Immigration's Impact On Economics & Culture In 2 min

Release Date
November 3, 2016

Topic

Economics Government Immigration Politics & Policy
Description

There’s a widespread misconception of about the economics of immigration, according to Professor Steve Davies.
Immigration creates a sense of fear, whether that’s immigrants taking local jobs, destroying economies, or disrupting the national culture, but Professor Steve Davies explains how most of these fears simply aren’t true.. Watch him discuss the predominant belief among economists about the topic.

Economics Made Easy – How Immigration Can Help the Economy (video): Ben Powell explains how immigration helps the economy.
The Best of Steve Davies (playlist): A playlist featuring Steve Davies’ top Learn Liberty videos.
Economics Made Easy – Foreigners Are Our Friends (video): Bryan Caplan explains how free trade and immigration benefit the economy.

Dave Rubin: When it comes to the immigration situation all over Europe, I sense what you’re saying is there’s a certain natural reaction to people coming in and not assimilating properly or whatever else there may be, the economic strains and all that stuff. What is the proper solution for all of these countries now because the cat’s out of the bag already?
Steve Davies: Actually, a lot of the response is misguided in my view because, for example, there is a widespread perception of feeling that immigration imposes costs on the countries that the immigrants go to. All of the research shows that actually this is not the case. Immigrants are actually extremely good news because typically they are younger than the host population, they are almost always in work, they’ve come to look for work, they want to do productive labor, and can that be a problem, you might say, and so typically they are tax payers rather than tax consumers. They typically make a net contribution to the budget. They do not depress wages because typically they do work that the indigenous population either can’t or won’t do, usually because they lack the skillset. They do have a marginal depressing effect on the wages of the bottom 10% of the income range, but that’s about it. But, there’s a widespread misconception or misunderstanding of what the economics of immigration is actually about, and that’s a failure of public education, really. That’s part of it.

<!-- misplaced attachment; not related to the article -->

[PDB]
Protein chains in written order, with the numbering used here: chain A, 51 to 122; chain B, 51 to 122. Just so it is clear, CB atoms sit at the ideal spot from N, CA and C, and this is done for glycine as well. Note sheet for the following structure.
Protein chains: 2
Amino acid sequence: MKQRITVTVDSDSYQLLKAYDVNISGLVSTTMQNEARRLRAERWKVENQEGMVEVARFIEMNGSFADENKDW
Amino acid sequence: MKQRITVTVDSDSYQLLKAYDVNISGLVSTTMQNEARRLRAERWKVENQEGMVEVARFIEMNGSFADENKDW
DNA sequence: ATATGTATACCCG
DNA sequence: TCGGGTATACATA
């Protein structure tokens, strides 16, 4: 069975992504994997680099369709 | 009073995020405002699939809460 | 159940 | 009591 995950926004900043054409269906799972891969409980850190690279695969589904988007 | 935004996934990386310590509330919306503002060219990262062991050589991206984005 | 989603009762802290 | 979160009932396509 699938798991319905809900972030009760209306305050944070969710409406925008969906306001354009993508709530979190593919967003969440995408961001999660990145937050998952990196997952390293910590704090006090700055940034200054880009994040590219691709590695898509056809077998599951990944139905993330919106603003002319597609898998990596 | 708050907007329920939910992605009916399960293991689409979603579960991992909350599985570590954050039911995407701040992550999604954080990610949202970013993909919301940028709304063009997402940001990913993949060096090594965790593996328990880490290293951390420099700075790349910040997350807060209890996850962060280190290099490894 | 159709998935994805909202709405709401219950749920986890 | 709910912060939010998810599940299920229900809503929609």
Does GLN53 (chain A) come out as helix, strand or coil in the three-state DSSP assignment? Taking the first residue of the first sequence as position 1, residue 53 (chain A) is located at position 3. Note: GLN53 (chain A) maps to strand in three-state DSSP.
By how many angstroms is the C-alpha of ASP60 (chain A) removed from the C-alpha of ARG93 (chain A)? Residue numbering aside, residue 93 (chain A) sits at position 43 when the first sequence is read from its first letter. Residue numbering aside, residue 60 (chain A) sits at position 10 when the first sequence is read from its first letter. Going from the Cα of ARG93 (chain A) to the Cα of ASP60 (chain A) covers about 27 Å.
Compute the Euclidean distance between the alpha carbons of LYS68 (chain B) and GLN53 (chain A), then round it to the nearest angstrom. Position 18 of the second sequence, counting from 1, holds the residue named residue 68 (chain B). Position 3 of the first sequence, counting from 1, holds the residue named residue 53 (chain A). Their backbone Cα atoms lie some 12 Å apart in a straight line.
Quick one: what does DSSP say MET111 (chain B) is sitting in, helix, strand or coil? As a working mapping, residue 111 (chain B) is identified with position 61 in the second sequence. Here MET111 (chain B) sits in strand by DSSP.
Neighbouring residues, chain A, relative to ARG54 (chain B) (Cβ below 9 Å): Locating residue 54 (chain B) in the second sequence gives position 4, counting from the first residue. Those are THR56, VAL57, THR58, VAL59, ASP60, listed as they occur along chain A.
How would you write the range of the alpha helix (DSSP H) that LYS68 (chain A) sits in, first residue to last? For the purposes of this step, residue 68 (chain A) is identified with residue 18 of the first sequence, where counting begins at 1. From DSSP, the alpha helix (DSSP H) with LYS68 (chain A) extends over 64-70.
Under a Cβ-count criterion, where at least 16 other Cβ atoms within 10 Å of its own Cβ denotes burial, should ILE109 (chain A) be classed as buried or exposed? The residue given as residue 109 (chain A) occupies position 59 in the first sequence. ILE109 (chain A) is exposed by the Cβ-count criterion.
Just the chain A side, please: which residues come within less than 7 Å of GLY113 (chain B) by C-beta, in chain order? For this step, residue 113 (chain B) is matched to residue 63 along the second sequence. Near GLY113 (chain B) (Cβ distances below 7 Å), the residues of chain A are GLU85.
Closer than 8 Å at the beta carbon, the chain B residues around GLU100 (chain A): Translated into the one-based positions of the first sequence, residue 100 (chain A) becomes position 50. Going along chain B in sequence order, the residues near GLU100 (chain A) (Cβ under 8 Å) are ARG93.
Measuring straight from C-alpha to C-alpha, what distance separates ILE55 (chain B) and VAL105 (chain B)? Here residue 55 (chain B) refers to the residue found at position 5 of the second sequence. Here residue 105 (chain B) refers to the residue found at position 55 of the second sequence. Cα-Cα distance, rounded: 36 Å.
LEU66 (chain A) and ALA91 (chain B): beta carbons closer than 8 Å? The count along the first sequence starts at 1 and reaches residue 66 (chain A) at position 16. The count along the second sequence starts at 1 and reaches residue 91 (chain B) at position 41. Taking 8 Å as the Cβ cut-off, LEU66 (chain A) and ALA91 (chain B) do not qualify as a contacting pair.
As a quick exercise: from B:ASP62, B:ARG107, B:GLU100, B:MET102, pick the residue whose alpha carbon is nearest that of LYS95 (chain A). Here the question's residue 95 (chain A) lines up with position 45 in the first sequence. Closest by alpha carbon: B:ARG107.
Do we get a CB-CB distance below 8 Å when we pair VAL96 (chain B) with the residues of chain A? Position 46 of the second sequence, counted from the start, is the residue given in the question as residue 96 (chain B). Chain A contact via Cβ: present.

I think the more profound thing, though, is a feeling that there’s a threat to an established indigenous culture, and I think the response here is to simply be more confident. I have enormous confidence in the assimilative power of the culture of a free society. I think the thing to do is not to say, “Okay, here are people who are asserting a particular collective cultural identity. What we need to do is assert our own one in response to that and aggressively against that first one.” The thing to do is to emphasize individualism, and the degree to which a modern, free society is one where people are free to form and shape their own identity through the choices that they make, and that can be true of everybody.